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Projected social costs of CO2 emissions from forest losses far exceed the sequestration benefits of forest gains under global changeAuthor(s): Raymundo Marcos-Martinez; Brett A. Bryan; Kurt A. Schwabe; Jeffery D. Connor; Elizabeth A. Law; Martin Nolan; José J. Sánchez
Source: Ecosystem Services. 37: 100935
Publication Series: Scientific Journal (JRNL)
Station: Pacific Southwest Research Station
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DescriptionForest cover gains and losses occur in response to complex environmental and anthropogenic pressures. Yet the impact of forest gains and losses on the provision of ecosystem services differs markedly. Here we investigate the social costs of potential forest carbon change in Australia’s intensive agricultural region from 2015 to 2050 using spatial forest cover change and forest carbon models combined with climate and socioeconomic projections. More than 24,000 possible scenarios were used to identify the trend and lower and upper bounds of forest cover/carbon change. Net deforestation (3.5 million hectares, Mha) under the lower bound forest cover (LBFC) projection was around one-third less than net reforestation (4.8 Mha) under the upper bound forest cover (UBFC) projection by 2030. However, the CO2 emissions (1.3 Gigatons of CO2, GtCO2) from deforestation were more than double the sequestration (0.5 GtCO2) from reforestation. The social costs (up to 134 billion dollars) of the LBFC were almost five times the benefits of the UBFC (up to 28 billion dollars). The asymmetry decreased over time but persisted to 2050. This shows the markedly different social costs of potential forest carbon losses and gains under global change, evidence which can be useful to policymakers, stakeholders, and practitioners.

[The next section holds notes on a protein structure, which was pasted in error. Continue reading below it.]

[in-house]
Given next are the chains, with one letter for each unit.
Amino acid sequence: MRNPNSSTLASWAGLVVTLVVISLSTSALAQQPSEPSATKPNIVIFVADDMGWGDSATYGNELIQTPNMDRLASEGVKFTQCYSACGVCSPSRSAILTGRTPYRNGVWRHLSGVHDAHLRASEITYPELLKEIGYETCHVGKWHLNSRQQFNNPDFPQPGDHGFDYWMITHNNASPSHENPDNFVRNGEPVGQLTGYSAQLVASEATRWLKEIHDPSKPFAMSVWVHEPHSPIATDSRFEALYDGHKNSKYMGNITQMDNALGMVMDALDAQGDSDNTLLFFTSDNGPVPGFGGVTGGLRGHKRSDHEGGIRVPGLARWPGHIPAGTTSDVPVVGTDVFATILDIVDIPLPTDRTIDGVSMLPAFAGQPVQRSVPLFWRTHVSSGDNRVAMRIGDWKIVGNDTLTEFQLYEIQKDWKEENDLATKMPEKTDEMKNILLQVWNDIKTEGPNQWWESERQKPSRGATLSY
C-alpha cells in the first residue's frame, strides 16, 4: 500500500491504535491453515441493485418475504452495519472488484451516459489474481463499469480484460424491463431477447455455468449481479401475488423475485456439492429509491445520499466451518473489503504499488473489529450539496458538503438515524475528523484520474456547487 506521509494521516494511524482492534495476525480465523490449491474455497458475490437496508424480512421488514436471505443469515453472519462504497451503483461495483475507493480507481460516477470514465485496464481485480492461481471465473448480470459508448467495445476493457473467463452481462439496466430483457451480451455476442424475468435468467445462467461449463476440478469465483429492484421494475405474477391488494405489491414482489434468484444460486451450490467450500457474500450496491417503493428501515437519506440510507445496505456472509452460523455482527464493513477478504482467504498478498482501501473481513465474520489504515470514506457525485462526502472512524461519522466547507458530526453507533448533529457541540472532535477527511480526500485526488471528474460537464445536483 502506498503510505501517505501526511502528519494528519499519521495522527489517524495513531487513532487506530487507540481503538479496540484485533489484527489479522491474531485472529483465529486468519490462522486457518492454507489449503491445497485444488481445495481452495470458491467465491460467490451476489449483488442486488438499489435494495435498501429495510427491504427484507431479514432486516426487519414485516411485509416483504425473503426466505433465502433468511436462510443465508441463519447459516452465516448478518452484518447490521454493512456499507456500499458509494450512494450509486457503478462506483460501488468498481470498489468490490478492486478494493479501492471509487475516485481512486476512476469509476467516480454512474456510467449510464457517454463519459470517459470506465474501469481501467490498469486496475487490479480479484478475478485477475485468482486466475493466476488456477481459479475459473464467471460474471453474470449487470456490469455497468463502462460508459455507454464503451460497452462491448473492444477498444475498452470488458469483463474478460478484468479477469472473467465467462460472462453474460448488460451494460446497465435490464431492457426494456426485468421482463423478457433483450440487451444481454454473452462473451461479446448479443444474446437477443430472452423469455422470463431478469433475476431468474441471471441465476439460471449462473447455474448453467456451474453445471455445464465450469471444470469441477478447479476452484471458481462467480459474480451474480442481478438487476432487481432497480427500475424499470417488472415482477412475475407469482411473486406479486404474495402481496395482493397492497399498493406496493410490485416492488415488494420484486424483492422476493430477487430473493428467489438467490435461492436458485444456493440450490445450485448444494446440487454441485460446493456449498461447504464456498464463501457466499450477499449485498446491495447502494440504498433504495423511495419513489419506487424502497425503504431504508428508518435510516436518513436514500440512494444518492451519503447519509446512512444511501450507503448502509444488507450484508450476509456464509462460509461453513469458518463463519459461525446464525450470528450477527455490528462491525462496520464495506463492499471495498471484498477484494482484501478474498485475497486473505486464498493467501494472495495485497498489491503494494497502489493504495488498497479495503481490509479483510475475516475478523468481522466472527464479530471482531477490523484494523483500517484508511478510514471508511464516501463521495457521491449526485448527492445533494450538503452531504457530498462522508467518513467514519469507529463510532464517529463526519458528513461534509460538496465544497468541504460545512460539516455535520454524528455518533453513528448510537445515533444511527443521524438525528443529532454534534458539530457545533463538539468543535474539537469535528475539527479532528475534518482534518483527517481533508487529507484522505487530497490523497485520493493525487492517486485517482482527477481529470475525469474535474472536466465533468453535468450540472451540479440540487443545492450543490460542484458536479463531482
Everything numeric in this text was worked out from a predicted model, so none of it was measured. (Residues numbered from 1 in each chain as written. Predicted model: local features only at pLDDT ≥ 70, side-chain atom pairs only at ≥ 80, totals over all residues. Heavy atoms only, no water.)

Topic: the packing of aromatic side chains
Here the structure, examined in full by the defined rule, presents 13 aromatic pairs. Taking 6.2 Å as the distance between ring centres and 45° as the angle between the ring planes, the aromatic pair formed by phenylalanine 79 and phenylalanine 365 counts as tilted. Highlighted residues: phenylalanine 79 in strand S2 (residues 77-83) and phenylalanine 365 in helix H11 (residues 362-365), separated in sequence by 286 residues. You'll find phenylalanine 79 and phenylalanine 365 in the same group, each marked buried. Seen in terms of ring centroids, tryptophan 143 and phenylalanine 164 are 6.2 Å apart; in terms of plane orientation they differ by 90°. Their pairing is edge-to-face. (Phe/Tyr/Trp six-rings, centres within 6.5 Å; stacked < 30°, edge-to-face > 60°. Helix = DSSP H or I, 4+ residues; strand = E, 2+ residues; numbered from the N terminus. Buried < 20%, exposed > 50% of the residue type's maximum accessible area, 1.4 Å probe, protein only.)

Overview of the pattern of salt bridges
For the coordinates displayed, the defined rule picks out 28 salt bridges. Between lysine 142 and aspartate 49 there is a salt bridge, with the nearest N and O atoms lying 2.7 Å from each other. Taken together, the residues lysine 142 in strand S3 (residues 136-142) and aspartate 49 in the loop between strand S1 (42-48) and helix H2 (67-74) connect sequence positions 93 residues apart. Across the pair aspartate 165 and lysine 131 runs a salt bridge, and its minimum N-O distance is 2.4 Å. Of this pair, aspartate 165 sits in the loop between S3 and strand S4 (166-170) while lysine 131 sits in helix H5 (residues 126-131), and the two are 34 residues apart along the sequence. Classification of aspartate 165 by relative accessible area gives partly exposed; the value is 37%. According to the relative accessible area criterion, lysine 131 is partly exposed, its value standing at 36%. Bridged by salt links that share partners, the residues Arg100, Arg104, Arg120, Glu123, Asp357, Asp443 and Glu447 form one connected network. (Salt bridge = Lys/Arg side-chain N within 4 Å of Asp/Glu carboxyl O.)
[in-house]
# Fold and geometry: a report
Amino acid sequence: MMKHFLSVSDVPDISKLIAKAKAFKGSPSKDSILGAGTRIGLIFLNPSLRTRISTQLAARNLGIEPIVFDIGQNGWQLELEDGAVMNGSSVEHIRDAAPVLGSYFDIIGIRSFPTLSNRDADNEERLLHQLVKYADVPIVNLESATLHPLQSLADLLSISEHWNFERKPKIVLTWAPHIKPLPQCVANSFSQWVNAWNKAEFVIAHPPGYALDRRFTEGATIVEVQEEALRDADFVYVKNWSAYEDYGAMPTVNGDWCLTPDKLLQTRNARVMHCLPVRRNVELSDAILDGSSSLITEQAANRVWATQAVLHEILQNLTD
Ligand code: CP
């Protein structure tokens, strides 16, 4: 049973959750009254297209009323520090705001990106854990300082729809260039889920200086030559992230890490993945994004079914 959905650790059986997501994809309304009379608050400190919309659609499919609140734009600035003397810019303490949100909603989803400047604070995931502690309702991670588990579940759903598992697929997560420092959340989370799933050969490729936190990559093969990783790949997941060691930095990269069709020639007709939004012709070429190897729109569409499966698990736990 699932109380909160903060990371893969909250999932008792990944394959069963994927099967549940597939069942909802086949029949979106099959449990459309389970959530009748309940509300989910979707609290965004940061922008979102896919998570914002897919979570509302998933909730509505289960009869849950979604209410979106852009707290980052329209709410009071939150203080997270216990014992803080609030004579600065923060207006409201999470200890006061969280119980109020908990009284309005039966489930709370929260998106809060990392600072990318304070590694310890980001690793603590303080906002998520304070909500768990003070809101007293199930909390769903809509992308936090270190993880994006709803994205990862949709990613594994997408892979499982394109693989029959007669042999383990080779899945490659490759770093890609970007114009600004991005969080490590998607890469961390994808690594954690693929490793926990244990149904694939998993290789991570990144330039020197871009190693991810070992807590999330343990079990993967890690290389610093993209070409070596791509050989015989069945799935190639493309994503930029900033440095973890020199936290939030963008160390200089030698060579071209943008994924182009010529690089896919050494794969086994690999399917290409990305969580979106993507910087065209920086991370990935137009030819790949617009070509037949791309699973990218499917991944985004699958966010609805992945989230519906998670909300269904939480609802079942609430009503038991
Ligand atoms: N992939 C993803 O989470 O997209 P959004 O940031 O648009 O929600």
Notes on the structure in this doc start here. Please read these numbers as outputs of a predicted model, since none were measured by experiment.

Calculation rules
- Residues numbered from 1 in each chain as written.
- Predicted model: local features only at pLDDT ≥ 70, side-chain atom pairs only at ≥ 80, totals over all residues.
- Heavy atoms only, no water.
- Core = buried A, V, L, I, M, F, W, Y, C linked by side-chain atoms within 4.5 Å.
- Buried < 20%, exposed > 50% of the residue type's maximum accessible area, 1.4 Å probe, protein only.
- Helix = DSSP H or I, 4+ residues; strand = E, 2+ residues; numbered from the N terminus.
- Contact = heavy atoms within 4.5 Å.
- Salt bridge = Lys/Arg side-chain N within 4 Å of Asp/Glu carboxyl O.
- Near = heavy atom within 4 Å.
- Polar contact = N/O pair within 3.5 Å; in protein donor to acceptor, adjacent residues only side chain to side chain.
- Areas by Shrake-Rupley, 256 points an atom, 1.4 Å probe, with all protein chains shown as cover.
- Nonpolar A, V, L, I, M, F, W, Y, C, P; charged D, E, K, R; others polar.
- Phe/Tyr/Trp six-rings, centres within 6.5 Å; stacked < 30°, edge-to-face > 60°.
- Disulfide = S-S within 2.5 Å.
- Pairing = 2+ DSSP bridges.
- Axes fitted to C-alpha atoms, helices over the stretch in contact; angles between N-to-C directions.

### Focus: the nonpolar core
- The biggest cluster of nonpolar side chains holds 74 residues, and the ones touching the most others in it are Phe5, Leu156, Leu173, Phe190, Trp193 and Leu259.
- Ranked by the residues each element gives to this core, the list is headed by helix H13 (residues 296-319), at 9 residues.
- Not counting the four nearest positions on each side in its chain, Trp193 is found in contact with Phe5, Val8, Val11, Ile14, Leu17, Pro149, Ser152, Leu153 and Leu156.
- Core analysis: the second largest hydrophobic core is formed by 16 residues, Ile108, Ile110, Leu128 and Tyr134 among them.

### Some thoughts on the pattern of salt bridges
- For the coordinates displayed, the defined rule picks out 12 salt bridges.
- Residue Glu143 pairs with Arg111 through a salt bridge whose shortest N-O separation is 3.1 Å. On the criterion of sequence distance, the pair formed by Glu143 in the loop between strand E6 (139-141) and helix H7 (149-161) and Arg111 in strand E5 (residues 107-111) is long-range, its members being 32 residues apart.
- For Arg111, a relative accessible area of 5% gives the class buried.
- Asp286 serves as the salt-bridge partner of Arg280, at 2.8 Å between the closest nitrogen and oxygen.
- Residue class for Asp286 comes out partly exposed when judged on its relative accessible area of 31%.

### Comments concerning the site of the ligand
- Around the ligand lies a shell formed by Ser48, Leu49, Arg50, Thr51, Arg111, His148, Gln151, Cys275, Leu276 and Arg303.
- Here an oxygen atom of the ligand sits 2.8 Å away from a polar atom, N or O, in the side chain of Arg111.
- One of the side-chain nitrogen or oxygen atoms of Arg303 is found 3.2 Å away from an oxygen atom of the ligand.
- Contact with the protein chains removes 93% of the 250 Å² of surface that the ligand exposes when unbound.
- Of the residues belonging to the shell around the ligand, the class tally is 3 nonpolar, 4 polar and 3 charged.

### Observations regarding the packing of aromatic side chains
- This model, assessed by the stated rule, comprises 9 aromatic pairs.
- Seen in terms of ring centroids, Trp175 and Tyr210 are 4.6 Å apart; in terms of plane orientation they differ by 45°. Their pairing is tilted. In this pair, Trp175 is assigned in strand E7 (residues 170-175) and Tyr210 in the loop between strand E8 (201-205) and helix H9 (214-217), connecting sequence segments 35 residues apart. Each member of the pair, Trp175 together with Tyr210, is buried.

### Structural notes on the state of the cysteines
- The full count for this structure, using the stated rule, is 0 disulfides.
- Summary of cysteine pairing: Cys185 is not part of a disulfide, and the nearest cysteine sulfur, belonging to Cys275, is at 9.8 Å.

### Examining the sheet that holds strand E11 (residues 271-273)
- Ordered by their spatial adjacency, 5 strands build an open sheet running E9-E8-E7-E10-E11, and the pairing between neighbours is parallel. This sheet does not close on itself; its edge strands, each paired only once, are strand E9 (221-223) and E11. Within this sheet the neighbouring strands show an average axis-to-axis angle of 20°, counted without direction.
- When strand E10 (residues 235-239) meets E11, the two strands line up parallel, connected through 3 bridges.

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CitationMarcos-Martinez, Raymundo; Bryan, Brett A.; Schwabe, Kurt A.; Connor, Jeffery D.; Law, Elizabeth A.; Nolan, Martin; Sánchez, José J. 2019. Projected social costs of CO2 emissions from forest losses far exceed the sequestration benefits of forest gains under global change. Ecosystem Services. 37: 100935. https://doi.org/10.1016/j.ecoser.2019.100935.
KeywordsForest cover change, Carbon sequestration, Deforestation, Climate change, Australia, Agricultural expansion
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